04 April 2012

Law is Dead, Long Live Regulation

This is a mess:

A Shelby County mother is facing contempt-of-court charges and possible jail time for baptizing her two children without the knowledge or consent of her ex-husband.
This week the Tennessee Court of Appeals said Lauren Jarrell must face a criminal contempt hearing for violating a court order that said major decisions regarding the religious upbringing of her two children should be made jointly with her-ex-husband.

In the first place, where is all the separation of church and state that I keep hearing about?  If I’m not mistaken, this legal doctrine would imply that the state is separate from the church, and therefore cannot have anything to do with it, like, say, telling a woman that she can’t baptize her children into a church.

In the second place, why does the state give fathers the right to have a say in their children’s religious upbringing, but not give men a say in determining whether their child can be born in the first place?  Either children are the wards of both parents in all things or they are not.  If they are, then the current legal system has many issues to address (such as enacting default split custody during divorce, for example, or giving men a say in their child’s abortion).  And if they are not, the state needs to refrain from interfering in matters such as these.

As can be seen, there are no underlying principles to family law; there are just special interest victories and one-off decisions.  This is no way to promote social stability since there is no consistency to legal decisions, and so people have more of an incentive to act selfishly and lobby the government on their behalf, which naturally occurs because there is no consistency the rules, which cannot thus be played by.  This lack of underlying principles undermines the authority of the law, and ultimately undermines actual justice.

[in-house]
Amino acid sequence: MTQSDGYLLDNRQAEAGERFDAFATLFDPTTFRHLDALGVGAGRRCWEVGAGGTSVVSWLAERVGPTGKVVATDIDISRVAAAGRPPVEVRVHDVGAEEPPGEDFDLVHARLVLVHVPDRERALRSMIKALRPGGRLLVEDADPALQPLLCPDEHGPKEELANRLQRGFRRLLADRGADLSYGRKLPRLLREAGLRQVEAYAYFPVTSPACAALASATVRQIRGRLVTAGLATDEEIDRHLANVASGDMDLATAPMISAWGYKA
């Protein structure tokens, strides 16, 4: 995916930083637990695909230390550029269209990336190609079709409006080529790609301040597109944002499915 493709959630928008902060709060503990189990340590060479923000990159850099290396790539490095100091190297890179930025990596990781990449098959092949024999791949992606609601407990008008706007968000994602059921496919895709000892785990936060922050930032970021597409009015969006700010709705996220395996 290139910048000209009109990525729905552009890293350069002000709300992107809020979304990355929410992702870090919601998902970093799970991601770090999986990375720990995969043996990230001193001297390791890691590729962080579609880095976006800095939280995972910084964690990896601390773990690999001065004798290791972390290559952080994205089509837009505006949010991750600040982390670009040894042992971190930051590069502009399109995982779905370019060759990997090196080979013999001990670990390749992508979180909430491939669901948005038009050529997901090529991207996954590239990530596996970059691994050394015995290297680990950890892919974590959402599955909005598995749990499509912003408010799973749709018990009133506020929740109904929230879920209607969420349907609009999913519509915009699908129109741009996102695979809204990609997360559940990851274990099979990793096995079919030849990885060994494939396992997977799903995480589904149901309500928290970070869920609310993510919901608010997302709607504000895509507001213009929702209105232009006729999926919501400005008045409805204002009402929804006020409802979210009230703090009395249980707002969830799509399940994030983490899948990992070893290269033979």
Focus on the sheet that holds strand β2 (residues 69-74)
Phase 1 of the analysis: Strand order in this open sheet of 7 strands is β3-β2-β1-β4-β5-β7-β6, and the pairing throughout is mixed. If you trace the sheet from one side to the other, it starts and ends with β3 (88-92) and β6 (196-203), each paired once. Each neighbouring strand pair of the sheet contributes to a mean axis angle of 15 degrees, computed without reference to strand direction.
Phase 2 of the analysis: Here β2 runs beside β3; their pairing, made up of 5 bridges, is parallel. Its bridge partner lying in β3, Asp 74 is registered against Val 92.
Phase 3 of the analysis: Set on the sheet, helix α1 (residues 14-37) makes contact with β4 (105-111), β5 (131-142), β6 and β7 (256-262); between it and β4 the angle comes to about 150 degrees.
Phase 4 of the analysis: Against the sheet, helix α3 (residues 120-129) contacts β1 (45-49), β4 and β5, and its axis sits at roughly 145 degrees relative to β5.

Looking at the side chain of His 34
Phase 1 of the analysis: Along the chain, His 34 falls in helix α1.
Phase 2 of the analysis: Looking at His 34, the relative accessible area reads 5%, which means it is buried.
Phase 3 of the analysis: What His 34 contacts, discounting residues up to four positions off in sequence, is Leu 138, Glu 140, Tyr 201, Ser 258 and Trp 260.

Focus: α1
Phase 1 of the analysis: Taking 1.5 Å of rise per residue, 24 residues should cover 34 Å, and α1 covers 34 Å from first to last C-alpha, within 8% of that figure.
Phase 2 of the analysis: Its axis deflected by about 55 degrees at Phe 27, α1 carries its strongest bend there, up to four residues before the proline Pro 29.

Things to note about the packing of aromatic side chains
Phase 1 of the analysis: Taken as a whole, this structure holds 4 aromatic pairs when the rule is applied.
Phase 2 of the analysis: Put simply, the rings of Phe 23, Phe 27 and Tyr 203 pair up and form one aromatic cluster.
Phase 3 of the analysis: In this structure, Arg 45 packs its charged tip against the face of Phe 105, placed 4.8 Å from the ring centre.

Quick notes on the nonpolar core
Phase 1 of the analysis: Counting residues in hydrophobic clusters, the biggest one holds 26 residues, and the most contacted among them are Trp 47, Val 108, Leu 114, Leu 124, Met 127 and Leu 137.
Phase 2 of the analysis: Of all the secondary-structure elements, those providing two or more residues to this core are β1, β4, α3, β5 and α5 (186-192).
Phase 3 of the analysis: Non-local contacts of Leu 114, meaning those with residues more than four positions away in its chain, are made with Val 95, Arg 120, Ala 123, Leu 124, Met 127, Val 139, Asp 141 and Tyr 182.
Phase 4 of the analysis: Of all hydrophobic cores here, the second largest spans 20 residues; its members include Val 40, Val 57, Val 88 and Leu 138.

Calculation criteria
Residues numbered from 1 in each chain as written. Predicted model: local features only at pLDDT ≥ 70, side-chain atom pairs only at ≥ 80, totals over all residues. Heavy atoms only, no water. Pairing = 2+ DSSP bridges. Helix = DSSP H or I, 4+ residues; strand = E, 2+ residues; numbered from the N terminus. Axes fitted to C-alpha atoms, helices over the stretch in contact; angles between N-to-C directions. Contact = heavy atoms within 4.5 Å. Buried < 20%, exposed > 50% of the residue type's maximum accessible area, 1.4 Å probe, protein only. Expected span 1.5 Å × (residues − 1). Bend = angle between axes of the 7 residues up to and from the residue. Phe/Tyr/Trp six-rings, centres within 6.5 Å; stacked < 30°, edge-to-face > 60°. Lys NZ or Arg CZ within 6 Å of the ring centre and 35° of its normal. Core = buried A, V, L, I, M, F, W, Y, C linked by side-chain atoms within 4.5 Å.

3 comments:

  1. Is this another silly militant atheist-inspired argument? A true atheist would really believe that baptizing has no Earthy effect and is unimportant. But a militant god-hater would see it as convincing the kids to take sides.

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  2. As can be seen, there are no underlying principles to family law; there are just special interest victories and one-off decisions.


    I think that about sums it up. It is thus, because do be otherwise would be to "impose morality" on ostensibly diverse people. The sad thing is that just about any consistently imposed morality, however biased, however provincial, would be better than the naked exercise of power we see today.

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  3. @Prof. Hale- I'm not sure. It could be opposed militant Christians.

    @Steve N.- As if the naked exercise of power isn't also a moral value (and as if it is a better one)!

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